I've said it before and I'll say it again. Television has become the stomping grounds for some riveting viewing. And while I've combed over some of the finest series that HBO has to offer, I feel like I'm missing a large sample of some of the best out there via the BBC network. David Yates' six hour mini-series titled "State of Play", released in 2003 and out on DVD this month, confirms my belief.
Edited and paced to breathless perfection, "State of Play" follows a crew of journalists as they try to uncover the reasons behind the suicide of a powerful politician's research assistant. On the same day, a young black youth is executed in an alley. Lead journalist Cal (John Simm) picks up the story, initially, due to his once close friendship to the politician (David Morrissey) who lost the female assistant. It's not long before corruption, sex scandals and shady backdoor dealings overtake the investigation. As Cal inches closer to the truth, director David Yates treats the winding narrative as if he's examining the complicated maneuvers of the Cold War, which means every whisper or newly uncovered fact is treated with paranoia, deception and intrigue. There's not a false moment in the entire six hour series, which boats strong supporting performances from faces such as Kelly MacDonald (sooo good as a Texas wife in "No Country For Old Men") who gets to show off her extremely sexy Glascow accent in every scene, and the great Bill Nighy who won a BAFTA for his role as the paper's editor. Rounding out the group of hard-nosed, relentless journalists is Benedict Wong (from last year's "Sunshine"), James MacAvoy (now the new heartthrob after his leading role in "Atonement") and Amelia Bullmore.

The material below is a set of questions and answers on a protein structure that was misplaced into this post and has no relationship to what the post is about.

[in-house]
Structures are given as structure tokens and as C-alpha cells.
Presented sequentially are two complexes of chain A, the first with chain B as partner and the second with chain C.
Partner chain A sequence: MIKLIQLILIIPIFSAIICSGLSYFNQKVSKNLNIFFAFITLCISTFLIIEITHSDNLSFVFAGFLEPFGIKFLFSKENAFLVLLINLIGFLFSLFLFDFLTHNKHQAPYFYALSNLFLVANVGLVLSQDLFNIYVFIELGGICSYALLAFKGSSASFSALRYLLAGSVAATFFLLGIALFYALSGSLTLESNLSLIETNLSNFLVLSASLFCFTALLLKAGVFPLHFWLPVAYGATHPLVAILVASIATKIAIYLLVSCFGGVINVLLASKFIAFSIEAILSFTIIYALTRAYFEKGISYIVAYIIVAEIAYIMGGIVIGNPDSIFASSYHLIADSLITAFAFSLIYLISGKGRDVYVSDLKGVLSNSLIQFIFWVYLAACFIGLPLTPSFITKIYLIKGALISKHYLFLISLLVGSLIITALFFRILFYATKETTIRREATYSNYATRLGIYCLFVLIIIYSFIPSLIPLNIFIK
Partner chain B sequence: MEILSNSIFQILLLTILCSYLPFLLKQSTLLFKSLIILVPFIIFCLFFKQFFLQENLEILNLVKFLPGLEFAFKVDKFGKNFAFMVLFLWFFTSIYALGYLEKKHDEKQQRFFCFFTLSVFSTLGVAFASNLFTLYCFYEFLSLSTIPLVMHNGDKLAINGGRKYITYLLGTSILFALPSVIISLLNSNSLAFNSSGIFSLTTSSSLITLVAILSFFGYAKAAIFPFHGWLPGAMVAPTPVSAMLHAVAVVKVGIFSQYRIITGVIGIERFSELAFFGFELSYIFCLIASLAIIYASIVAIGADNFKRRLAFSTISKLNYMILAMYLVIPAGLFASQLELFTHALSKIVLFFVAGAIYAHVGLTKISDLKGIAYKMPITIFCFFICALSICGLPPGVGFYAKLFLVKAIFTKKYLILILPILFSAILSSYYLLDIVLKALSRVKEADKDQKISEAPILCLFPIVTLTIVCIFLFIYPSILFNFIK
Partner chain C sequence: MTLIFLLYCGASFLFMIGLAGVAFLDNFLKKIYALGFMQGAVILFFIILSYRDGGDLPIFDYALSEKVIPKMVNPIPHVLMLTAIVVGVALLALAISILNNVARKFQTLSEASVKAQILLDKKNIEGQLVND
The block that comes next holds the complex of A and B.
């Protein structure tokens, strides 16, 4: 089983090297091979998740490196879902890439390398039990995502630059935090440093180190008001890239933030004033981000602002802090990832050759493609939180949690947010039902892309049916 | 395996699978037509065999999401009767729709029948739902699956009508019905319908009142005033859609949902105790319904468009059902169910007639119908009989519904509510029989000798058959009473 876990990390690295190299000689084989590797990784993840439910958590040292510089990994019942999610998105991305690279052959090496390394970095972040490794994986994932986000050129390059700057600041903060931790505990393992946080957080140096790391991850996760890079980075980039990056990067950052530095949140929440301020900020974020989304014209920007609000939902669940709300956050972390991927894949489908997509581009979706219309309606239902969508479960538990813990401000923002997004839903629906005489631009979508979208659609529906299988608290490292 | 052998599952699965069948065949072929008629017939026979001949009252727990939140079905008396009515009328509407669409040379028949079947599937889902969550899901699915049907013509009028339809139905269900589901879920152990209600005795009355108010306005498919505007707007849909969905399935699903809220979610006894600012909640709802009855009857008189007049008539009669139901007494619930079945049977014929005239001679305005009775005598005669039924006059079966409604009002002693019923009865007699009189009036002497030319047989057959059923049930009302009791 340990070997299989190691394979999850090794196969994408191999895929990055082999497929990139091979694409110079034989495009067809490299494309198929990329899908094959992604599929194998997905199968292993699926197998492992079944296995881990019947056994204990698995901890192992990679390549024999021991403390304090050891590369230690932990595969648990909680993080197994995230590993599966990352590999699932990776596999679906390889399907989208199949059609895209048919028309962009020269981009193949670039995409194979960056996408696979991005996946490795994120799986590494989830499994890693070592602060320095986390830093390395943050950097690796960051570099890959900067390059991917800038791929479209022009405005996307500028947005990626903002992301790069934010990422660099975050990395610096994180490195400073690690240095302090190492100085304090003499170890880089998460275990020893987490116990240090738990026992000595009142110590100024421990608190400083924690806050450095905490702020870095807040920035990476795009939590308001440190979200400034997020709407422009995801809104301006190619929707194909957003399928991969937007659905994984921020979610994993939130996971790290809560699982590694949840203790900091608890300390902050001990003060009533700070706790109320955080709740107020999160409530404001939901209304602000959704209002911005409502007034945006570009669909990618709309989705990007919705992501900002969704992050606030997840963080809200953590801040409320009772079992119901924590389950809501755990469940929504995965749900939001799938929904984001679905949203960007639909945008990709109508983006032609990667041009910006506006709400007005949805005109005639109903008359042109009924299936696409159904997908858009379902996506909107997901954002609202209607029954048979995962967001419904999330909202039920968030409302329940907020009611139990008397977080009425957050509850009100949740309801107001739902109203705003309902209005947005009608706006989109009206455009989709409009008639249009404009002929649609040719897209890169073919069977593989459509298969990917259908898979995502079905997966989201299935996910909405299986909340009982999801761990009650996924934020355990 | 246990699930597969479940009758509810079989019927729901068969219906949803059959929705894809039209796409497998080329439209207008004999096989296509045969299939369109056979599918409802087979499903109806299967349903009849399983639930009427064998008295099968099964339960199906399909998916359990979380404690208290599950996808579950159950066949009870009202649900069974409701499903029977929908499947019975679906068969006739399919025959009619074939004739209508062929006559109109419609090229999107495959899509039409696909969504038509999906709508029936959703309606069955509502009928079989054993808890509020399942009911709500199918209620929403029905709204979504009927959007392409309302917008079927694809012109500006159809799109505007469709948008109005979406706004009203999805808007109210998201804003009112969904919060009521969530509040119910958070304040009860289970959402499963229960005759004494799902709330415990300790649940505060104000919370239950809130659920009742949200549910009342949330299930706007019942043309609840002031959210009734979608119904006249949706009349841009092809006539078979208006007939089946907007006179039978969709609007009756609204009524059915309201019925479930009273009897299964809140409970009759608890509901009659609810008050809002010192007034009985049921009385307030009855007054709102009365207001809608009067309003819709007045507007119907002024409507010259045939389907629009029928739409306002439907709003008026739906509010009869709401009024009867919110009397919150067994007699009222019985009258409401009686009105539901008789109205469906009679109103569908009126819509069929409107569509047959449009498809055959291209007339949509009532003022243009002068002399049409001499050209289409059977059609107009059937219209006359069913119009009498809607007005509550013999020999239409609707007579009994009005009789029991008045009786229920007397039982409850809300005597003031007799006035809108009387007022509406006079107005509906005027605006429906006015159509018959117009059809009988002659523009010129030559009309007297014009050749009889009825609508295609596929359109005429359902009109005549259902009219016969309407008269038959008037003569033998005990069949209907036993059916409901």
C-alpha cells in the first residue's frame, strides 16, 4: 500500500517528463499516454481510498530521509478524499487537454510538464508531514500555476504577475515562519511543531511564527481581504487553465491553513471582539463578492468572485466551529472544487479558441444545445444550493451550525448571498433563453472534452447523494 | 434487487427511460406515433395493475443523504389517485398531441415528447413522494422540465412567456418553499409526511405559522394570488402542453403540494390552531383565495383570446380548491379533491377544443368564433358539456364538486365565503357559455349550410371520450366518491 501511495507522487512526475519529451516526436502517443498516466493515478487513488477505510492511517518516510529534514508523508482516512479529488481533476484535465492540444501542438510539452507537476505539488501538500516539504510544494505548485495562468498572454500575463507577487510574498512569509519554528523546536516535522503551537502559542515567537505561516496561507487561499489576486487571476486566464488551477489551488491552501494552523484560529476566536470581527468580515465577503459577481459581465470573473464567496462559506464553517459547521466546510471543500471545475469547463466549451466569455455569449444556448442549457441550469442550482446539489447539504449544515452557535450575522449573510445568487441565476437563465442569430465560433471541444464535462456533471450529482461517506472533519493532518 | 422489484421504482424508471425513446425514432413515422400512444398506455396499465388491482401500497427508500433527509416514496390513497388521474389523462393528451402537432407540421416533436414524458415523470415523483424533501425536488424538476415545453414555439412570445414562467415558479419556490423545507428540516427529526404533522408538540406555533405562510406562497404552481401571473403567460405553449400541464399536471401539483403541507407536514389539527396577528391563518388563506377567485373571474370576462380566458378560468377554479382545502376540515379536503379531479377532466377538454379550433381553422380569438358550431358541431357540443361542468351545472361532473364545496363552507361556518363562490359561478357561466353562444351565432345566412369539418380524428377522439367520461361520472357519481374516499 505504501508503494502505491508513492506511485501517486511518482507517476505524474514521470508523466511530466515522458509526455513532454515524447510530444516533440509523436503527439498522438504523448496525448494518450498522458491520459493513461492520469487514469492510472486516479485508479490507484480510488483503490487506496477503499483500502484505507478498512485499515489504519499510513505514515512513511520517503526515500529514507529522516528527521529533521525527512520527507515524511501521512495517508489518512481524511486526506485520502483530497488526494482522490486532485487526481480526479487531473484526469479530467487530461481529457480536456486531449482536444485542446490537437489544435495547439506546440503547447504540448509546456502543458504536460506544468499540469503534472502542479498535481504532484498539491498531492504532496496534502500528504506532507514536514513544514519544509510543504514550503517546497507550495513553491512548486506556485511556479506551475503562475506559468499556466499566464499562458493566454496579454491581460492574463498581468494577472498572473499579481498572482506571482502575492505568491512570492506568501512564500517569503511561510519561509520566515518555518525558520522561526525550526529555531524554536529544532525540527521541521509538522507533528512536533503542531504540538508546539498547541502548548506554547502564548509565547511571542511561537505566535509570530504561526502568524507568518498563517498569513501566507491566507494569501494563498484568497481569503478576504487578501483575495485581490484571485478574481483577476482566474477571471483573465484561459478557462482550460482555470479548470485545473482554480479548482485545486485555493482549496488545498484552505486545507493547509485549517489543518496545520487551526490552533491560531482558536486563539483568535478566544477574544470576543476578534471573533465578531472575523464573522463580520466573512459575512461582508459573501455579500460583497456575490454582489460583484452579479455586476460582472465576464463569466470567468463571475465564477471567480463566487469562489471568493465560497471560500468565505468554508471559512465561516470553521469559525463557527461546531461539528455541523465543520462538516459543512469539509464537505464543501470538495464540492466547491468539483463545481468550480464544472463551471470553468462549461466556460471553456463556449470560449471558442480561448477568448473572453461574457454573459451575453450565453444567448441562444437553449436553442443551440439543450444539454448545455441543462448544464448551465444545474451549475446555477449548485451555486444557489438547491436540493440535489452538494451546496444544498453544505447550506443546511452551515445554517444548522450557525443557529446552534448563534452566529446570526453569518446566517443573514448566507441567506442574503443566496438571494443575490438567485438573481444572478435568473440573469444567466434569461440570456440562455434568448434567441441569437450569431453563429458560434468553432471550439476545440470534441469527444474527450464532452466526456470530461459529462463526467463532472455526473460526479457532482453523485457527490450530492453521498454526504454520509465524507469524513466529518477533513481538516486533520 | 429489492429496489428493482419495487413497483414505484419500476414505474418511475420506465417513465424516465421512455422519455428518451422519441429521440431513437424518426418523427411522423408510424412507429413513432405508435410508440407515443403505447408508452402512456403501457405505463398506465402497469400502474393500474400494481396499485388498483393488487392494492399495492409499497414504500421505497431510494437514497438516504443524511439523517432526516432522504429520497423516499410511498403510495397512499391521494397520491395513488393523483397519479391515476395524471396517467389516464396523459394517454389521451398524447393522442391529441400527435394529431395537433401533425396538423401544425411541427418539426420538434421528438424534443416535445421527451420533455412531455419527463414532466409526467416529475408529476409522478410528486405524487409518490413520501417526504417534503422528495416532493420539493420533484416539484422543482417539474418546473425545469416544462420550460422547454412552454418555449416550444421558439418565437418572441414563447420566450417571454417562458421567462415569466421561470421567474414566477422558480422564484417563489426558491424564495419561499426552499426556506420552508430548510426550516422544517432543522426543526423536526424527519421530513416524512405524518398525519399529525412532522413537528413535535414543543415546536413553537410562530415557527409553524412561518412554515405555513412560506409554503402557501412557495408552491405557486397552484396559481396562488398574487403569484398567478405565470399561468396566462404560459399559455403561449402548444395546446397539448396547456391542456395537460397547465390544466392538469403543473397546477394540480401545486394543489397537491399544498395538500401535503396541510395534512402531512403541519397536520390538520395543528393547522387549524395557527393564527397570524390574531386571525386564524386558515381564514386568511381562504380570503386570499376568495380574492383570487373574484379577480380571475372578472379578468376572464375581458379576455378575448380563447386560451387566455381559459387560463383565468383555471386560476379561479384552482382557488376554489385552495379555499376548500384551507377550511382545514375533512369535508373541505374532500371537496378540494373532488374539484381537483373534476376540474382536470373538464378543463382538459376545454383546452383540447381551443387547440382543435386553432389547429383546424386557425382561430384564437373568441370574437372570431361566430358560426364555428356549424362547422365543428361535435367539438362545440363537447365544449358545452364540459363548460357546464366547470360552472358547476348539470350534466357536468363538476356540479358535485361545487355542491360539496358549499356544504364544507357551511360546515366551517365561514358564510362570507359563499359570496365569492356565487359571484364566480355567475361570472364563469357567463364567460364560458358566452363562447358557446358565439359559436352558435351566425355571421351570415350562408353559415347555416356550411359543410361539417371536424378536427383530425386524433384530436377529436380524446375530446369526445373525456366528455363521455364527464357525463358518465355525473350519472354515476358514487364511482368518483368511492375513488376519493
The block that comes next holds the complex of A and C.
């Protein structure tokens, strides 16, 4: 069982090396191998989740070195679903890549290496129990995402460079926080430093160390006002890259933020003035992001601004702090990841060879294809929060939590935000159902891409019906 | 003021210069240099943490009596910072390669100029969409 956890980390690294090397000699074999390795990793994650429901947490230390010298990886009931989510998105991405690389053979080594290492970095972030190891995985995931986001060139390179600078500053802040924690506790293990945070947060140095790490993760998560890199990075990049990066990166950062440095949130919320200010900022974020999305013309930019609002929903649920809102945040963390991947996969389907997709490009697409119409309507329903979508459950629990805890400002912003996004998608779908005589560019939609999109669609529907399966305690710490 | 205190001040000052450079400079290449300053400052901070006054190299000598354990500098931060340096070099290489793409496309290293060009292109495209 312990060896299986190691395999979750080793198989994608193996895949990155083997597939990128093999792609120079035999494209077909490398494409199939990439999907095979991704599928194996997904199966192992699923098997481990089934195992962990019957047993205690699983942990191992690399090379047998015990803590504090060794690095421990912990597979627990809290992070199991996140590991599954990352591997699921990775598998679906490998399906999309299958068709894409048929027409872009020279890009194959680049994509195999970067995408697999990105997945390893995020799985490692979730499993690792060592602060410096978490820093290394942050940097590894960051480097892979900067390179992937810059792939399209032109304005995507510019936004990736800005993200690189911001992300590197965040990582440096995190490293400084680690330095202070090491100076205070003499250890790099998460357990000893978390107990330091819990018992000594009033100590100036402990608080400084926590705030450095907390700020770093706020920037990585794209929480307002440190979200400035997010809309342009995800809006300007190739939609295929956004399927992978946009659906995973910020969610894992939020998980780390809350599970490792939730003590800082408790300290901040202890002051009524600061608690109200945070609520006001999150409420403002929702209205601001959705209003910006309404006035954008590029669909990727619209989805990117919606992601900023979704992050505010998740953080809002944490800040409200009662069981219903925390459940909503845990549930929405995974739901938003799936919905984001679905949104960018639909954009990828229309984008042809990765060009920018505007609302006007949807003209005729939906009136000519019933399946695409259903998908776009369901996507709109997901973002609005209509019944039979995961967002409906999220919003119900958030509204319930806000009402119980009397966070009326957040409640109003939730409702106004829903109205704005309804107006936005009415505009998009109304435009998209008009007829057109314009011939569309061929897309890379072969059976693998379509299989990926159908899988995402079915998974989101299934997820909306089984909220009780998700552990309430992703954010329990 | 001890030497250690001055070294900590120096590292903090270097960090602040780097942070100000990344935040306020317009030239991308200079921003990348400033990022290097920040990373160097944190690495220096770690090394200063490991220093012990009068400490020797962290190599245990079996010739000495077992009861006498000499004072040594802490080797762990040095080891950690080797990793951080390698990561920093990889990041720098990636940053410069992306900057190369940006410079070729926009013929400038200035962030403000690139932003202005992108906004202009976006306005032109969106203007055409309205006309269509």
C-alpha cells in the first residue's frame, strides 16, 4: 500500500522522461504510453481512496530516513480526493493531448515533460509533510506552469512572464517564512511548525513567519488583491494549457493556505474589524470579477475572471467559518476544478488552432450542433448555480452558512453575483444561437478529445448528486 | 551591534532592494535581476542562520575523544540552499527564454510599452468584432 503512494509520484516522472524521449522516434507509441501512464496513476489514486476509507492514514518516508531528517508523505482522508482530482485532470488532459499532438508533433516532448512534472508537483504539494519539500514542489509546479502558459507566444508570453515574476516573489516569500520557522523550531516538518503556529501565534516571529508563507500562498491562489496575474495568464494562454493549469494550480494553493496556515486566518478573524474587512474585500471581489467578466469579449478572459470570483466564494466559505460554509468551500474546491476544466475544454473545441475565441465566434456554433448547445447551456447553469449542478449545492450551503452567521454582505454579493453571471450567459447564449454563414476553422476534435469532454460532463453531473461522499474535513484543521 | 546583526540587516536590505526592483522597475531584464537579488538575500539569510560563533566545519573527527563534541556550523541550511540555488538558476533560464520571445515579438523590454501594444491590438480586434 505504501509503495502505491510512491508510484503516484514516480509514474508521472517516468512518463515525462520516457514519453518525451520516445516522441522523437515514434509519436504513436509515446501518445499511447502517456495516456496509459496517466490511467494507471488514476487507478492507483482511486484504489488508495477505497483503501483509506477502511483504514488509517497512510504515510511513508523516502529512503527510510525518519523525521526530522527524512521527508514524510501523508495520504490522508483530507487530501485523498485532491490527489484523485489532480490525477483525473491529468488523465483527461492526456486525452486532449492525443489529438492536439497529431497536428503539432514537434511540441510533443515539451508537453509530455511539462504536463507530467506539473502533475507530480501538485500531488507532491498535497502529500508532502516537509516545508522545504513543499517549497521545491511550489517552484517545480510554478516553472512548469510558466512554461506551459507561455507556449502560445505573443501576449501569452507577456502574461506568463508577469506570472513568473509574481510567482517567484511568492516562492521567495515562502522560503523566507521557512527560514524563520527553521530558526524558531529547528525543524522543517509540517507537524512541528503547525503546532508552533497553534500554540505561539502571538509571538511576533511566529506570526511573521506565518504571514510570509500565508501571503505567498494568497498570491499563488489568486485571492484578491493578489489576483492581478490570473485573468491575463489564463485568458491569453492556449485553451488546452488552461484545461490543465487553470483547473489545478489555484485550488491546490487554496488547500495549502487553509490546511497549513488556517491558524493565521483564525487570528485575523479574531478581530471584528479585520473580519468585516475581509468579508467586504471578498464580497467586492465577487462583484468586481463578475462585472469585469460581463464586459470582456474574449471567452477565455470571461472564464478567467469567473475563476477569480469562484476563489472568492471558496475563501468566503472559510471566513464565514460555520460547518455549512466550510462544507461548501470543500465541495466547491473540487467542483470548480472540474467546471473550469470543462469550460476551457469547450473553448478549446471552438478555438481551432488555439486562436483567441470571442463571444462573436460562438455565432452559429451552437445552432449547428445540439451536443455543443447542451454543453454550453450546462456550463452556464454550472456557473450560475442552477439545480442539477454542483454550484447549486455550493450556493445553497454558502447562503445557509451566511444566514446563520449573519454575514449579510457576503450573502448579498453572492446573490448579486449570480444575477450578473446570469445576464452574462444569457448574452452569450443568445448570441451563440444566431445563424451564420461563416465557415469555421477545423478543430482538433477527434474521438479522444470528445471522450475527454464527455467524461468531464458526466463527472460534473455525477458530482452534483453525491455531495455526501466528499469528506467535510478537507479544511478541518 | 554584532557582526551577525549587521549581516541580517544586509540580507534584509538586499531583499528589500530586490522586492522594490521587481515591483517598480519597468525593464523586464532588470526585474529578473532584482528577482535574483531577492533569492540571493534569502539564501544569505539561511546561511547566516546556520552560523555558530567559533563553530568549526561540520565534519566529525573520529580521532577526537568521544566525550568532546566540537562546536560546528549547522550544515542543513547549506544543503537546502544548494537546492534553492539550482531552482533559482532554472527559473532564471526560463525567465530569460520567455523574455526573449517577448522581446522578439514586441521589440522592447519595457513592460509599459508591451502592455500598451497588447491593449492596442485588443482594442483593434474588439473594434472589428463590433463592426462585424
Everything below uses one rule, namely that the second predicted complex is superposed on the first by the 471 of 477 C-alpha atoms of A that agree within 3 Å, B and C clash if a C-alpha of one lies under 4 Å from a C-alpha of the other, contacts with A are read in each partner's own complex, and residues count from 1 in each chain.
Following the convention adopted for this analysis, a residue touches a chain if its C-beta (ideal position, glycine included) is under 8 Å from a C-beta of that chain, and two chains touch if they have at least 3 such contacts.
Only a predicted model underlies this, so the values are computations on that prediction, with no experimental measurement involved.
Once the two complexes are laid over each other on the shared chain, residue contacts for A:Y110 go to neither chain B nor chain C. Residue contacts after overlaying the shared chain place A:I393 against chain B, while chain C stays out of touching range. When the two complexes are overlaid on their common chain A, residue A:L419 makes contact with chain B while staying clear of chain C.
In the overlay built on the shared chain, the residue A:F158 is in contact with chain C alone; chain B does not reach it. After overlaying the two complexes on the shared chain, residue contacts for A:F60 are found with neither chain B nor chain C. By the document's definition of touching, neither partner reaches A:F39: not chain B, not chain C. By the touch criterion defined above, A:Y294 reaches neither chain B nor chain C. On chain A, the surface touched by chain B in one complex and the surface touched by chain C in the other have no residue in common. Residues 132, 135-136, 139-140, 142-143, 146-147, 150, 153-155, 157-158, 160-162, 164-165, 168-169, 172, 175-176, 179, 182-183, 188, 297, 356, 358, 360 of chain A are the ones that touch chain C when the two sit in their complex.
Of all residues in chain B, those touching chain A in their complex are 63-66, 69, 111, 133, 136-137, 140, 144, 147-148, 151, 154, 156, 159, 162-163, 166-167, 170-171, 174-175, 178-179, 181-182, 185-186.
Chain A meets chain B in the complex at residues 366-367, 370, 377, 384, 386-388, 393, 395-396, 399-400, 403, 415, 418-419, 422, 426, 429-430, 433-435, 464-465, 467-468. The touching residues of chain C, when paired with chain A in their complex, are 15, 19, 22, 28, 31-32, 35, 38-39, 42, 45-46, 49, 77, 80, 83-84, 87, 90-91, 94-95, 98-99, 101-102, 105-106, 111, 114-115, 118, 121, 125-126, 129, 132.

"State of Play" belongs in that category of incessant viewing. Spanning two discs, I actually got upset that I had to wait before the next disc was shipped to me. It's not that each episode ends on a cliffhanger, but Yates and writer Paul Abbott build up such terrific energy as each side is given weight. This is not just a journalistic procedural film (though it excels at that), but the politician played by Morrissey is involved with high stakes energy committees in the government, and if recent movies have taught me anything, its that the corporations are the ultimate evil. Constantly shifting back and forth between the propulsive investigative tactics of the journalists and the social/political collapse of Morrissey
as more of the truth emerges about the relationship with his dead assistant, "State of Play" renders the whole event as a multi-faceted sequence of events. Basically, it gets its hooks in you pretty quickly. If you're a fan of this type of thing, then "State of Play" will knock your socks off.
Thanks to Anne Thompson at her blog for alerting me to the greatness of this series.